Breakthrough spinal injury surgery in Europe has given a paralysed man the chance to walk again. The pioneering technique involved transplanting olfactory ensheathing cells (OECs) from the man’s nasal cavity into his spinal cord which had been cut due to a knife injury.
According to Sydney spinal cord surgeon, Dr Timothy Steel, this is the first case he is aware of using stem cells to regenerate a spinal cord defect. Dr Steel told F2L that use of the olfactory bulb stem cells is the best type of stem cells as these are the only stem cells, of neurological origin, that are available to repair the spinal nerves. “The methodology behind this treatment is very impressive,” he said. However, given the nature of the injury Dr Steel believed there would be a limited number of patients who would benefit from this therapy as having such a clean cut was negligibly rare. “I have only seen one spinal cord injury due to a knife in 25 years. It is very unusual to cleanly sever the spinal cord.”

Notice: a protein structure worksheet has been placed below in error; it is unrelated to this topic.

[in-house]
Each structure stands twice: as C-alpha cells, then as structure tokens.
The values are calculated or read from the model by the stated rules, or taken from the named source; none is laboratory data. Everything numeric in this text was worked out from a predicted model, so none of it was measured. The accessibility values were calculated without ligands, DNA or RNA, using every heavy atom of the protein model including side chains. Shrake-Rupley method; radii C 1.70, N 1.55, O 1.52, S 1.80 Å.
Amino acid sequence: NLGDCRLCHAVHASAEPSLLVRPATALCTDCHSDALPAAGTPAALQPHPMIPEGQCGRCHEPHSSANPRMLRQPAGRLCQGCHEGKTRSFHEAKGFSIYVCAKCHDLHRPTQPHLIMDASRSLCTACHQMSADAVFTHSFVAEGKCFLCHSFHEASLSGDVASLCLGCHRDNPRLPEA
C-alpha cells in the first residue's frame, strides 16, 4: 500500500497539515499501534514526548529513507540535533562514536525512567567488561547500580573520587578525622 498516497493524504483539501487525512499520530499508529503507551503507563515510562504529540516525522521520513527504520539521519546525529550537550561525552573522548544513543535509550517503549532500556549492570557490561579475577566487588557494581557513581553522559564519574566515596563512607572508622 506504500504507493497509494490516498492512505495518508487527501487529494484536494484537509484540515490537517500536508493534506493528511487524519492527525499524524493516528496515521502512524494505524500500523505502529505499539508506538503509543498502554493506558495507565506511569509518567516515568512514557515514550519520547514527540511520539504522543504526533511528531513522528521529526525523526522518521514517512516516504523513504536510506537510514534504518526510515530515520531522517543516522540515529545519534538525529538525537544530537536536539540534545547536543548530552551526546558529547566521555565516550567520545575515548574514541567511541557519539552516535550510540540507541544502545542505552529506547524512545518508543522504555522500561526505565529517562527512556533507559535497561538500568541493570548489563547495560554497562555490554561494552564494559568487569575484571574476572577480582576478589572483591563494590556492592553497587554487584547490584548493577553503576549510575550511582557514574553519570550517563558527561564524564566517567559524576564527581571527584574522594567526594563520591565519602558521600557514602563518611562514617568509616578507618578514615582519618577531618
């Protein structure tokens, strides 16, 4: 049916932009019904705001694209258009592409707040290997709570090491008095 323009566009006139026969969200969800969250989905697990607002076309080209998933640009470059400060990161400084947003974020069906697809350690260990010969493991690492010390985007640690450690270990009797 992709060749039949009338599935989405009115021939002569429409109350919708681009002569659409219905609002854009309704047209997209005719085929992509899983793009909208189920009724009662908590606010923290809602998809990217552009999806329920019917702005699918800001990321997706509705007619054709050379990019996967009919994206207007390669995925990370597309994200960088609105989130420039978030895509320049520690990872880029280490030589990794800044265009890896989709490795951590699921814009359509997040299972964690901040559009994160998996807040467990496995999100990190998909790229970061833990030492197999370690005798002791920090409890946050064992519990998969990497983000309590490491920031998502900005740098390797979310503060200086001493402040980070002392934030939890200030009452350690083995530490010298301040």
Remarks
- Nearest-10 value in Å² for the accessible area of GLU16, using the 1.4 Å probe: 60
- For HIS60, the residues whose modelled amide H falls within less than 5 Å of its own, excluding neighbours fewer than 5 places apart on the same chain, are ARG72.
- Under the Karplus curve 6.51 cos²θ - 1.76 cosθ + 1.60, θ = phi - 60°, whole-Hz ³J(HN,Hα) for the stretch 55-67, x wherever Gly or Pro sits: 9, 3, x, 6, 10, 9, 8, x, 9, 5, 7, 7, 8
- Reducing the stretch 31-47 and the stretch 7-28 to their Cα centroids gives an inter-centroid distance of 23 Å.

In spite of these reservations, Dr Steel described the treatment as the most realistic advance in spinal cord surgery he had read. “The methodology sounds good, as long as it is a genuine case of the cord being transected, with no prior function. It is always difficult to know in a case like this with a partial spinal cord injury if the patient was going to recover some function over time anyway. This spinal cord was sectioned in half. If, in this case if the spinal cord was sectioned, the nerves should not have grown across as originally there would not have been the opportunity to get neurological recovery. If they have achieved neurological recovery return of neurological function it is a tremendous advance.”
As to the surgery being performed in Australia, Dr Steel was circumspect. “Enrolling patients of this type would be difficult and is a long way off from being freely available. We would want to see more cases, learn the technique. But certainly given the logistics of it and the idea of harvesting olfactory bulb stem cells and growing these cells it is a fantastic development,” he said.
Two years after the surgery, the 38-year old patient is now walking using a frame and has recovered some sensation in his lower body. The treatment, which is a world first, was performed by Polish surgeons in collaboration with UK research team.
Information about the surgery will be made available to researchers around the world.